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Wednesday, October 27, 2021

Ad phishing campaign takes 6.15 lakh Facebook users by surprise

ThreatNix | LinkedIn

The number of affected users has been growing exponentially  at the rate of than a 100 entries per minute, says ThreatNix, a Nepal-based cybersecurity firm. Cybersecurity researchers say the ad phishing campaign has compromised accounts of more than half a million Facebook users across at least 50 countries by exploiting the pages of the open-source repository called GitHub.

The researchers first encountered the phishing campaign through a sponsored Facebook post that was offering 3GB mobile data from Nepal Telecom and redirecting it to a phishing site hosted on GitHub pages. The page that posted the ad displayed the profile picture and name of Nepal Telecom and was nearly an exact copy of the real page.

“We saw similar Facebook posts targeting Facebook users from Tunisia, Egypt, Philippines, Pakistan, Norway, and Malaysia, among others,” the firm said. According to the firm, the ad phishing campaign has been using localised Facebook posts and pages while spoofing legitimate entities and targeted ads for specific countries.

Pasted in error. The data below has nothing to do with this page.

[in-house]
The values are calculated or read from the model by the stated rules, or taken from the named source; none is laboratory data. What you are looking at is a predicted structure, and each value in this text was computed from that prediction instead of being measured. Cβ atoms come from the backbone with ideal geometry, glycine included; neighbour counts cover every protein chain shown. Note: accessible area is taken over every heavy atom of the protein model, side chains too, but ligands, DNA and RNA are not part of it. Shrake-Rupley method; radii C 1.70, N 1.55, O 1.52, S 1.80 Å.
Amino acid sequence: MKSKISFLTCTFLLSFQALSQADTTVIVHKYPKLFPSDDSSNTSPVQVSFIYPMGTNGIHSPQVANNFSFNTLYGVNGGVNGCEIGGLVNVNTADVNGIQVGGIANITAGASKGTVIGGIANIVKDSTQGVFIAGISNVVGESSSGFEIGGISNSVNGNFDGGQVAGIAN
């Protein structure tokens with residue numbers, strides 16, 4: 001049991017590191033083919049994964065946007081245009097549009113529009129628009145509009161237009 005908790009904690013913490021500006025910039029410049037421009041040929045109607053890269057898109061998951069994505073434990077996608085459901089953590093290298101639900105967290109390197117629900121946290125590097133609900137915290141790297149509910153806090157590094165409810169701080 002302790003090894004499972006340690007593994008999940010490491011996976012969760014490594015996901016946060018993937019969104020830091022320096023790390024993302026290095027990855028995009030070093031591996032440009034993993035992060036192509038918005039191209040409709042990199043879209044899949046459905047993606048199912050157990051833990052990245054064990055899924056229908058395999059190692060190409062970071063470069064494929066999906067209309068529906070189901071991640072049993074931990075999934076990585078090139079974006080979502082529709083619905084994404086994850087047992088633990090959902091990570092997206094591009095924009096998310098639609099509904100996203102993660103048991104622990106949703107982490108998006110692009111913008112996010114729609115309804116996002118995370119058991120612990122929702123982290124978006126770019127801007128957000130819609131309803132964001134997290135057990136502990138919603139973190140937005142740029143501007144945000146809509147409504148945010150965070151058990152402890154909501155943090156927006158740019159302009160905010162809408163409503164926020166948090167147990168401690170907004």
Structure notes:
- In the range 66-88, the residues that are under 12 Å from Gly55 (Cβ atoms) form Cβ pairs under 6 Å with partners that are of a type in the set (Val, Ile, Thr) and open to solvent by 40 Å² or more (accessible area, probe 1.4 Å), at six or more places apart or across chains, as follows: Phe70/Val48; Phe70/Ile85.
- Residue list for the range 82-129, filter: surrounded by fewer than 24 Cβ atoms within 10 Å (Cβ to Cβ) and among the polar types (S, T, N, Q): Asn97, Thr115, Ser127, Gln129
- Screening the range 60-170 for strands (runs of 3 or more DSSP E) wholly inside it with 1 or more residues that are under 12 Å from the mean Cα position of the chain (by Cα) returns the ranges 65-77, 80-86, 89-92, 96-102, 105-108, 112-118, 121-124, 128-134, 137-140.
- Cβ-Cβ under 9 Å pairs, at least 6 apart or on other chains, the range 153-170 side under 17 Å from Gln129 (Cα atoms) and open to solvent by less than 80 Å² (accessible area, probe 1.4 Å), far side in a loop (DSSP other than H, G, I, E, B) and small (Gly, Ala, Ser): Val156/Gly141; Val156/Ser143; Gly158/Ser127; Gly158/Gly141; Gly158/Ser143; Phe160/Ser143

When users clicked the post, links would then be redirected to a static Github page website that contained a login panel for Facebook. “All these static GitHub pages forwarded the phished credentials to two endpoints one to a Firestore database and another to a domain owned by the phishing group,” the researchers said. “We discovered almost 500 GitHub repositories containing phishing pages that are a part of the same phishing campaign.”

Until the time of writing, Facebook or GitHub were yet to comment on the ThreatNix report. ThreatNix said that it was now working on dismantling the phishing infrastructure by working together with relevant authorities “as such we are withholding the information related to the domains until then”.

While Facebook routinely takes steps to ensure such phishing pages are not approved for ads, in the present instance, the scammers employed Bitly links which at the beginning may have pointed to a “benign page” and once the ad was approved, would have been modified to point to the phishing domain, the researchers explained in their note.

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